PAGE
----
CASPER, Wyo. — While the national average price for a gallon of regular gas fell another 4.3 cents last week, Natrona County’s average was steady at $3.19, according to GasBuddy and AAA.
After holding steady last week, the nation’s average gas price fell to $3.33 per gallon Sunday, according to GasBuddy data. The national average is down 17.6 cents from a month ago and 26.3 cents from a year ago. The national average price of diesel has fallen 7.7 cents in the last week to stand at $4.38 per gallon.
“The national average has resumed its decline after a pause last week as oil and wholesale gasoline prices fell on worrisome inflation figures showing the Fed likely to ramp up rates to slow inflation,” said Patrick De Haan, head of petroleum analysis at GasBuddy. “Some nine out of 10 states saw declines over the last week, so the drops are showing up for most across the country, with the exception of the West Coast as the transition to summer blends continues, and in the Great Lakes, where prices cycled last week but have now resumed declining.
“For the weeks ahead, tradition tells us to expect prices to move up eventually, but that could be at least partially offset by inflationary data that continues to be hotter than expected, leading to anxiety that the Fed will boost interest rates and cooling the economy and oil demand considerably.”
AAA reported the national average price for a gallon of regular gasoline at $3.36 per gallon, down 5 cents from a week ago, and placed Wyoming’s average higher at $3.42, down 1 cent from last week. Natrona County’s average gas price was $3.19 per gallon, falling behind Campbell County’s $3.10 and Washakie County’s $3.16 for the third cheapest average in the state, according to AAA.
The cheapest price offered by local stations on Monday was $3.09 at both Sam’s Club, 4600 E. 2nd St., and Ridley’s Family Market, 300 SE Wyoming Blvd., followed by $3.13 at Maverik, Highway 26 Poison Spider Road in Mills, according to GasBuddy reports.
Also included in GasBuddy’s report Monday:
With inflation figures running above expectations, there are renewed concerns about the Federal Reserve continuing to raise interest rates, perhaps even more aggressively, which is poised to choke oil production in the world’s largest consuming nation. On the heels of continued hotter-than-expected inflation, crude oil prices have given up some of their gains, with West Texas Intermediate crude oil falling 22 cents in early Monday trade to $76.10 per barrel, nearly $3 per barrel lower than last Monday’s $79.08 per barrel start. Brent crude oil was also trading lower to start the week, off 30 cents to $82.86 per barrel, also nearly $3 lower than last Monday’s $85.71 per barrel fetch. With Covid cases continuing to surge in China, hopes for quick rebound in oil demand there have grown muted.
According to Baker Hughes, last week’s U.S. rig count was down 7 rigs to 753 but was 103 rigs higher than a year ago. The Canadian rig count fell 4 to 254 and was 20 rigs higher than a year ago.
OIL AND REFINED PRODUCTS
Last week’s report from the Energy Information Administration showed another large 7.6 million barrel rise in U.S. oil inventories while the SPR was yet again unchanged. Domestic crude oil production continued to hold at 12.3 million barrels per day, but could reach 12.4 million in the next week or two. Gasoline inventories saw a decline of 1.9 million barrels, typical as the transition to summer gasoline begins and refiners purge winter-spec gasoline. Distillate inventories rose 2.7 million barrels and are 12% below the five year seasonal average. Implied gasoline demand, a proxy for retail consumption, surged 636,000 barrels per day to 8.91 million, a figure likely overstated by the EIA’s loose methodology. Refinery utilization slipped 0.6 percentage points as maintenance season continues to accelerate, and could continue to give up ground in the weeks ahead.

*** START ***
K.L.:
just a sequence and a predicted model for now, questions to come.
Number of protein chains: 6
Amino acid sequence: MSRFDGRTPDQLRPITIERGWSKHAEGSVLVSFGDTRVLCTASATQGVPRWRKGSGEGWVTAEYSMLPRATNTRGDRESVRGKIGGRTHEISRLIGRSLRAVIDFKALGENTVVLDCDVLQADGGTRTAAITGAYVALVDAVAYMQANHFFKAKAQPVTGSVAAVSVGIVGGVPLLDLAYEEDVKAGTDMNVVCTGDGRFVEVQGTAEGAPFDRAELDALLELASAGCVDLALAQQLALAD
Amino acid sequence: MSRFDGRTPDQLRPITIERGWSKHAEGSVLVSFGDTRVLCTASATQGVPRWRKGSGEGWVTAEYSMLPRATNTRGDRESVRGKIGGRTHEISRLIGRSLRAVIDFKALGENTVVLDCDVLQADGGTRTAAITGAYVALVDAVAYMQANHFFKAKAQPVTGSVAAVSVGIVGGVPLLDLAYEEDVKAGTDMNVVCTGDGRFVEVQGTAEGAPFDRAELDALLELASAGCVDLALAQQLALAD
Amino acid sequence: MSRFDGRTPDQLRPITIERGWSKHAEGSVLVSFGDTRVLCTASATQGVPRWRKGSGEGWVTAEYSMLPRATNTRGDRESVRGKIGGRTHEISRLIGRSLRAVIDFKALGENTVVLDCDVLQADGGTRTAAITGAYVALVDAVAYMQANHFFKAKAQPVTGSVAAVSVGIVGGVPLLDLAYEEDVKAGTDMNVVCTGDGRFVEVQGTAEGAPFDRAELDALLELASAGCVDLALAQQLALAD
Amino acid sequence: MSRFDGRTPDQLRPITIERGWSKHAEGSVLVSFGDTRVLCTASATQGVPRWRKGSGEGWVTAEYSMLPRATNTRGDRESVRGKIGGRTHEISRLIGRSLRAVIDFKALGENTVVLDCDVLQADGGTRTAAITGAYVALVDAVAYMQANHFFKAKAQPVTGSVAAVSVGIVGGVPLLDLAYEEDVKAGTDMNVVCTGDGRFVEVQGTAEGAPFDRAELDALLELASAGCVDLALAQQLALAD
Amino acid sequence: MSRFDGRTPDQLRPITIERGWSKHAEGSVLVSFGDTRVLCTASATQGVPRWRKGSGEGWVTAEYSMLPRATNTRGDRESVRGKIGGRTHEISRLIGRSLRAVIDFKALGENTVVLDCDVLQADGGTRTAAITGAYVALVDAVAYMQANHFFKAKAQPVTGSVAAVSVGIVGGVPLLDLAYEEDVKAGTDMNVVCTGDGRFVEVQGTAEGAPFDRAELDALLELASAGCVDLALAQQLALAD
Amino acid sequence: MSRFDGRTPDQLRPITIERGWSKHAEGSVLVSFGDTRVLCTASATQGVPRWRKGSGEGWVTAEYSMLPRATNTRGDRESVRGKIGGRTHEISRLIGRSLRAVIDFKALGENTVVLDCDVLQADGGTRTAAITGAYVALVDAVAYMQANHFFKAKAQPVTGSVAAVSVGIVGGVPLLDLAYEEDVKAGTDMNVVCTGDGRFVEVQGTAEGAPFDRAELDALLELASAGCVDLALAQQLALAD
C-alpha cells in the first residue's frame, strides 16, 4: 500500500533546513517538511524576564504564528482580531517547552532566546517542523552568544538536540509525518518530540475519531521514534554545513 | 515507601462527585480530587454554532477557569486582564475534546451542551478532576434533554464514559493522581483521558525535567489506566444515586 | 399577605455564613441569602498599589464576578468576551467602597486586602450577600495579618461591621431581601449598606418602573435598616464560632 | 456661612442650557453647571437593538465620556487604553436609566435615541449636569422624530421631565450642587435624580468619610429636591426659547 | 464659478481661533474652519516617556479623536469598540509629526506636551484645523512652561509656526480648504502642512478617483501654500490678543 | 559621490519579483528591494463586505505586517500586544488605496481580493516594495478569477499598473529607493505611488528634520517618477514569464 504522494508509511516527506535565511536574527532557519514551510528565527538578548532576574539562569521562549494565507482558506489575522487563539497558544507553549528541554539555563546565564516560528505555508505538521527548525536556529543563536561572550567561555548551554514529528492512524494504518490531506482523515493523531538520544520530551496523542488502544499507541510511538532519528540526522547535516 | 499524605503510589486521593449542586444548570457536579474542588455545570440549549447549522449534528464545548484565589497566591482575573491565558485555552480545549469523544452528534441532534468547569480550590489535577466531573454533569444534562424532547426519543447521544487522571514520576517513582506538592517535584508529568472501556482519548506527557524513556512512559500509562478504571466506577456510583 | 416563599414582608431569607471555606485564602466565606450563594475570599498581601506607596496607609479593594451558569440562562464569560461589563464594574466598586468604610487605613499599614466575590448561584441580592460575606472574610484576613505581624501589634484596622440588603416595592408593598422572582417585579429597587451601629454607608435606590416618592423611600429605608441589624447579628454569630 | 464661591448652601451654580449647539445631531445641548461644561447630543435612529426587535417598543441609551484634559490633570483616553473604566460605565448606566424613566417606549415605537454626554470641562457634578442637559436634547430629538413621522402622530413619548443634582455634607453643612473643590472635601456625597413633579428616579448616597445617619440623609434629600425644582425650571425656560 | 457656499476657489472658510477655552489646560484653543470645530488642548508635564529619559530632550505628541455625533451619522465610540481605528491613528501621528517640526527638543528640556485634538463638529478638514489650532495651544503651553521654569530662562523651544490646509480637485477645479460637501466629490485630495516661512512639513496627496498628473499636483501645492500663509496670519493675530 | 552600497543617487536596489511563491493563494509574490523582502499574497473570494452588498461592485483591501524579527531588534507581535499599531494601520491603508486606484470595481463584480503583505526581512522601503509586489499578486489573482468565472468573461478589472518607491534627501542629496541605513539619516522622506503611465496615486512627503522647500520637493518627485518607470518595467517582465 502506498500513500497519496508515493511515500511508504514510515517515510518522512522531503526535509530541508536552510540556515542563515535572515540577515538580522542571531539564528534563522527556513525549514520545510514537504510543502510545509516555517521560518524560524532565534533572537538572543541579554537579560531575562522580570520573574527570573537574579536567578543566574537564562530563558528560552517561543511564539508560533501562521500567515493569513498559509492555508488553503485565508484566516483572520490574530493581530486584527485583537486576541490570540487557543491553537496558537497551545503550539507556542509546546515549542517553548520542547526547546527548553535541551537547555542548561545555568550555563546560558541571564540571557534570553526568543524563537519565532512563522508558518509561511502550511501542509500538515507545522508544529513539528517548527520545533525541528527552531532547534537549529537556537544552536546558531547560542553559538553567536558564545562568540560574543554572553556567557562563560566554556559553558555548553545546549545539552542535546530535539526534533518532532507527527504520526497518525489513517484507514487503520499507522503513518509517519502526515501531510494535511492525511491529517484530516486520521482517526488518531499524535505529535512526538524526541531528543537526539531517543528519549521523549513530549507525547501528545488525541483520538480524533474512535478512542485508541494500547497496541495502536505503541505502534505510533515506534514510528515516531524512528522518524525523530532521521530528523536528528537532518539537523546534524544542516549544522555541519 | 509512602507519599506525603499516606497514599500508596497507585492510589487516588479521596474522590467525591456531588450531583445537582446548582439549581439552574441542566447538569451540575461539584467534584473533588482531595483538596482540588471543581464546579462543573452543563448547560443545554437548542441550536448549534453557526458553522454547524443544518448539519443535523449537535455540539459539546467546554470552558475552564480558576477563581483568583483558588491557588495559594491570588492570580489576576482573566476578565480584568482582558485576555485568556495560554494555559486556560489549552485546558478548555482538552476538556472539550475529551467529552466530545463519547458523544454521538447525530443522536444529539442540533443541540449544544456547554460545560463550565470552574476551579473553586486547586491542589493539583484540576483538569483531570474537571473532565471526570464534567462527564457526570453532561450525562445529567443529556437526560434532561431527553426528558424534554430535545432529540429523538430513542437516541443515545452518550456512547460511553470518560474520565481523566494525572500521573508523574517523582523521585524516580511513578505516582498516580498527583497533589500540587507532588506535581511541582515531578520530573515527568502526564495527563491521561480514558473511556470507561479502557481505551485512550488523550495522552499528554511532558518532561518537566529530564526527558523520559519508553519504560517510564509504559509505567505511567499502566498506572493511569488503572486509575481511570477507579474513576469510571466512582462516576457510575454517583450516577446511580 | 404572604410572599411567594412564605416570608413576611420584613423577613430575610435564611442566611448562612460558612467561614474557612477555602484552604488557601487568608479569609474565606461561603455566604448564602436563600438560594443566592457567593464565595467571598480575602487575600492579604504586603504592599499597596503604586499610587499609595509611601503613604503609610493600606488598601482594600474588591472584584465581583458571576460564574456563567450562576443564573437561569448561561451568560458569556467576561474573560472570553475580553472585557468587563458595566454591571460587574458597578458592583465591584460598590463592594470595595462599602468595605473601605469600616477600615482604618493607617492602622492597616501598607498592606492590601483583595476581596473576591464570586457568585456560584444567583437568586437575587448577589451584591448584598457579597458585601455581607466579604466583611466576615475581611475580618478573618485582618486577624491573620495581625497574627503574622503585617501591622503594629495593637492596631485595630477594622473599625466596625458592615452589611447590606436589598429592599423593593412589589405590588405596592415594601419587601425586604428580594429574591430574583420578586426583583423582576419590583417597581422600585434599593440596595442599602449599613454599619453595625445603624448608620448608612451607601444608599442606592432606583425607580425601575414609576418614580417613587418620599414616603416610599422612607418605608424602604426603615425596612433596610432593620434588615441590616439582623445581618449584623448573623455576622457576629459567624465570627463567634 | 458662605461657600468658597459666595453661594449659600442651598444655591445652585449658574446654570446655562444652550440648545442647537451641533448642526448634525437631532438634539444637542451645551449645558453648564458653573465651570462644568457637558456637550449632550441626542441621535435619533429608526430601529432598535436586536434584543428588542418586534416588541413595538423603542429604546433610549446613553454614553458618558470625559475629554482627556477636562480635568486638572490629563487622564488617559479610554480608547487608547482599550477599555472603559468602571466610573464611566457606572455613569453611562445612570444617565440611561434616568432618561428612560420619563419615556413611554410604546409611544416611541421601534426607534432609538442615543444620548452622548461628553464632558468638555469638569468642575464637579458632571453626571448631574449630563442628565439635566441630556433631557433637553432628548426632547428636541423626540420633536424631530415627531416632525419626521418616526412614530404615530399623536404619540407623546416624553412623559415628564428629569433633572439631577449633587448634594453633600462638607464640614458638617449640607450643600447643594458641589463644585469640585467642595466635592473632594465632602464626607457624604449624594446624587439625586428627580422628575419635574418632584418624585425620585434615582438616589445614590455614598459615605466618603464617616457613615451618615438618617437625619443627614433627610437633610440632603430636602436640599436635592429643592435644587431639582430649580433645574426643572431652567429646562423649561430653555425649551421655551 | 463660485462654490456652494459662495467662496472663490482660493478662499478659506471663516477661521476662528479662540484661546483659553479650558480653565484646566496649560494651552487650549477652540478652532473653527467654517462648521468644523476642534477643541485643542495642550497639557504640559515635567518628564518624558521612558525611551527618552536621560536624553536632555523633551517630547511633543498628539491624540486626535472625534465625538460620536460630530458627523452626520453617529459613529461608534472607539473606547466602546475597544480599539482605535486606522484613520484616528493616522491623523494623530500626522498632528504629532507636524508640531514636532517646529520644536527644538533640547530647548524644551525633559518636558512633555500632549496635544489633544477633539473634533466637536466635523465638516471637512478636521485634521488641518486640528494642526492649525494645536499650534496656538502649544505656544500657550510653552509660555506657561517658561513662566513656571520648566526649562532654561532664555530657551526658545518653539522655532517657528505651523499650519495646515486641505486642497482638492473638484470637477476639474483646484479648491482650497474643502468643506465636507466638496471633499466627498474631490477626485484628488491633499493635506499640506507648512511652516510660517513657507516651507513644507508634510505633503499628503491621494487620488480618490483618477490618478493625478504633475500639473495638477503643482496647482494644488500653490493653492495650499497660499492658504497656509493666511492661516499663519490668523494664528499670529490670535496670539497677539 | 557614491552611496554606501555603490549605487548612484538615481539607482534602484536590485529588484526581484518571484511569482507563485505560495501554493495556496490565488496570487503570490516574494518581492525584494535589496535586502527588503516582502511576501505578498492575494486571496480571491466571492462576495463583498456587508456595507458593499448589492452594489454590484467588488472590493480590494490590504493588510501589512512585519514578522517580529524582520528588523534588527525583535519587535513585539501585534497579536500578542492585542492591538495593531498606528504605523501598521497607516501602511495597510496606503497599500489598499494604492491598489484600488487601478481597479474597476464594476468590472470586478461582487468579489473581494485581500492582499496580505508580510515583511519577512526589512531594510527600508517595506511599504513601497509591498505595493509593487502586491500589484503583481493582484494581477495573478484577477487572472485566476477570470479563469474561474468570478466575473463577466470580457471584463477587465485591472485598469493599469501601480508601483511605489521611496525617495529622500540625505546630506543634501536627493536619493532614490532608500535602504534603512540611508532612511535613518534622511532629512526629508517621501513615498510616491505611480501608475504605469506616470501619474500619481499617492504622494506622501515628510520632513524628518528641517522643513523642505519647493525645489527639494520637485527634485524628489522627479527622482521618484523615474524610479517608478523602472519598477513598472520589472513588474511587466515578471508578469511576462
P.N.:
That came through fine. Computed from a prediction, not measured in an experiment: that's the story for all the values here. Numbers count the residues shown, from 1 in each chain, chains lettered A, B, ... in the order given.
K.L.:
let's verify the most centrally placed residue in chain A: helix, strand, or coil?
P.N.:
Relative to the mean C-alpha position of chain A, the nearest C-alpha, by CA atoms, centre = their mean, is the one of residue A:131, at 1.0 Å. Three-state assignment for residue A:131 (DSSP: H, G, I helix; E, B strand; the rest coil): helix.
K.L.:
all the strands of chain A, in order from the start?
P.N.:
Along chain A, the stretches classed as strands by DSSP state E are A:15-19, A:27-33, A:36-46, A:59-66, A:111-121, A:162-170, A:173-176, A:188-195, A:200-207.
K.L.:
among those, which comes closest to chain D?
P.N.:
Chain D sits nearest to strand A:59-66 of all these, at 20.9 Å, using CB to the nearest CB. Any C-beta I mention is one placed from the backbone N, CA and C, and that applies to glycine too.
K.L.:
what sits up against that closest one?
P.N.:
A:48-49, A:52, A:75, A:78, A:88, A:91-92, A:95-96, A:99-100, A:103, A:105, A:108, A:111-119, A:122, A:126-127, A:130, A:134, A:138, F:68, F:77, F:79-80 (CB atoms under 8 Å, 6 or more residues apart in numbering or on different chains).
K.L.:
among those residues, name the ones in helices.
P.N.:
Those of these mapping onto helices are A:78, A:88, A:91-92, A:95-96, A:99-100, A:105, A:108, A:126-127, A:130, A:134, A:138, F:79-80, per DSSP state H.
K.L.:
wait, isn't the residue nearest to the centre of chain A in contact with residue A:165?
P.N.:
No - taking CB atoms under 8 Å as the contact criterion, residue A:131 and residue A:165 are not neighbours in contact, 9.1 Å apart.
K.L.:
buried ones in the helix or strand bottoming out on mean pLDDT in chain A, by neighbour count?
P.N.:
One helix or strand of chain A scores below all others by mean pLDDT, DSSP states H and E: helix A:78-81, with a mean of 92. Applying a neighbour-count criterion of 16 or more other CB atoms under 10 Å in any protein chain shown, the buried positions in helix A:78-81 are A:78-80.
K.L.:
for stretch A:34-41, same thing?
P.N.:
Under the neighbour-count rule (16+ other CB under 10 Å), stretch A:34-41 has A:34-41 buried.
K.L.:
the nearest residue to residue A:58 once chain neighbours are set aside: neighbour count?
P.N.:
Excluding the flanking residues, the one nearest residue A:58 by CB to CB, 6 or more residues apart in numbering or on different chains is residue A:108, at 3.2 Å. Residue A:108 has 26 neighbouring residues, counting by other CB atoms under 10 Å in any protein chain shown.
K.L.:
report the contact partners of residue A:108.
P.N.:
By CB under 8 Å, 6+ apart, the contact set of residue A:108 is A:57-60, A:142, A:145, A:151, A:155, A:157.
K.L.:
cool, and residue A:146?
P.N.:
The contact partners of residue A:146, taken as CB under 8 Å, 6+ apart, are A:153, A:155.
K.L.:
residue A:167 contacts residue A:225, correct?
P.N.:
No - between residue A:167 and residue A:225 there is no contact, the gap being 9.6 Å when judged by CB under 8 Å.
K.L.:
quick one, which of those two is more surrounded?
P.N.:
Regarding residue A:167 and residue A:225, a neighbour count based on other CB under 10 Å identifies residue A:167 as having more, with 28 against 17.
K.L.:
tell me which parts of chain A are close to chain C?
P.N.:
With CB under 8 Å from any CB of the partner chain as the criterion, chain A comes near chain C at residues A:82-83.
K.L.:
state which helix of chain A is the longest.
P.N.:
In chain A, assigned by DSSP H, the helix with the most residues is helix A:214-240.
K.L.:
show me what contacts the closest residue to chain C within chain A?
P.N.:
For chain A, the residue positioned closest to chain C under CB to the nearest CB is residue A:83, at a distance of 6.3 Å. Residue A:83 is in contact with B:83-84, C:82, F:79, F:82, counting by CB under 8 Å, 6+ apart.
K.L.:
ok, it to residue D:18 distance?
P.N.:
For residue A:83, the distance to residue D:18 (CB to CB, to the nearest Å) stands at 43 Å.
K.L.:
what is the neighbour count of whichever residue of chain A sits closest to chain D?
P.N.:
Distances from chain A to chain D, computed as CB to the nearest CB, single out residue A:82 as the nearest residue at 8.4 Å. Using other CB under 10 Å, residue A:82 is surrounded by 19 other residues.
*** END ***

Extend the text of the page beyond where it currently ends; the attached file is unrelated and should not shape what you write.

According to GasBuddy demand data driven by its Pay with GasBuddy fuel card, U.S. retail gasoline demand fell 0.5% last week (Sun-Sat) for the first time since mid-January, partially aided by several winter storms that hit various areas. Broken down by PADD region, demand fell 0.4% in PADD 1, fell 0.9% in PADD 2, rose 1.5% in PADD 3, rose 2.1% in PADD 4, and fell 4.5% in PADD 5.
GAS PRICE TRENDS
The most common U.S. gas price encountered by motorists stood at $3.19 per gallon, down 10 cents from last week, followed by $2.99, $3.09, $3.29, and $3.39 rounding out the top five most common prices.
The median U.S. gas price is $3.19 per gallon, down 8 cents from last week and about 14 cents lower than the national average.
The top 10% of stations in the country average $4.57 per gallon, while the bottom 10% average $2.77 per gallon.
The states with the lowest average prices: Texas ($2.87), Mississippi ($2.92), and Oklahoma ($2.93).
The states with the highest average prices: Hawaii ($4.83), California ($4.72), and Nevada ($4.20).
DIESEL PRICE TRENDS
The most common U.S. diesel price stood at $3.99 per gallon, unchanged from last week, followed by $4.09, $4.29, $4.39, and $4.19 rounding out the top five most common prices.
The median U.S. diesel price is $4.29 per gallon, about 9 cents lower than the national average for diesel.
The top 10% of stations in the country average $5.44 per gallon, while the bottom 10% average $3.65 per gallon.
The states with the lowest average prices: Oklahoma ($3.76), Texas ($3.83), and Wisconsin ($3.95).
The states with the highest average prices: Hawaii ($5.96), California ($5.59), and Maine ($5.32).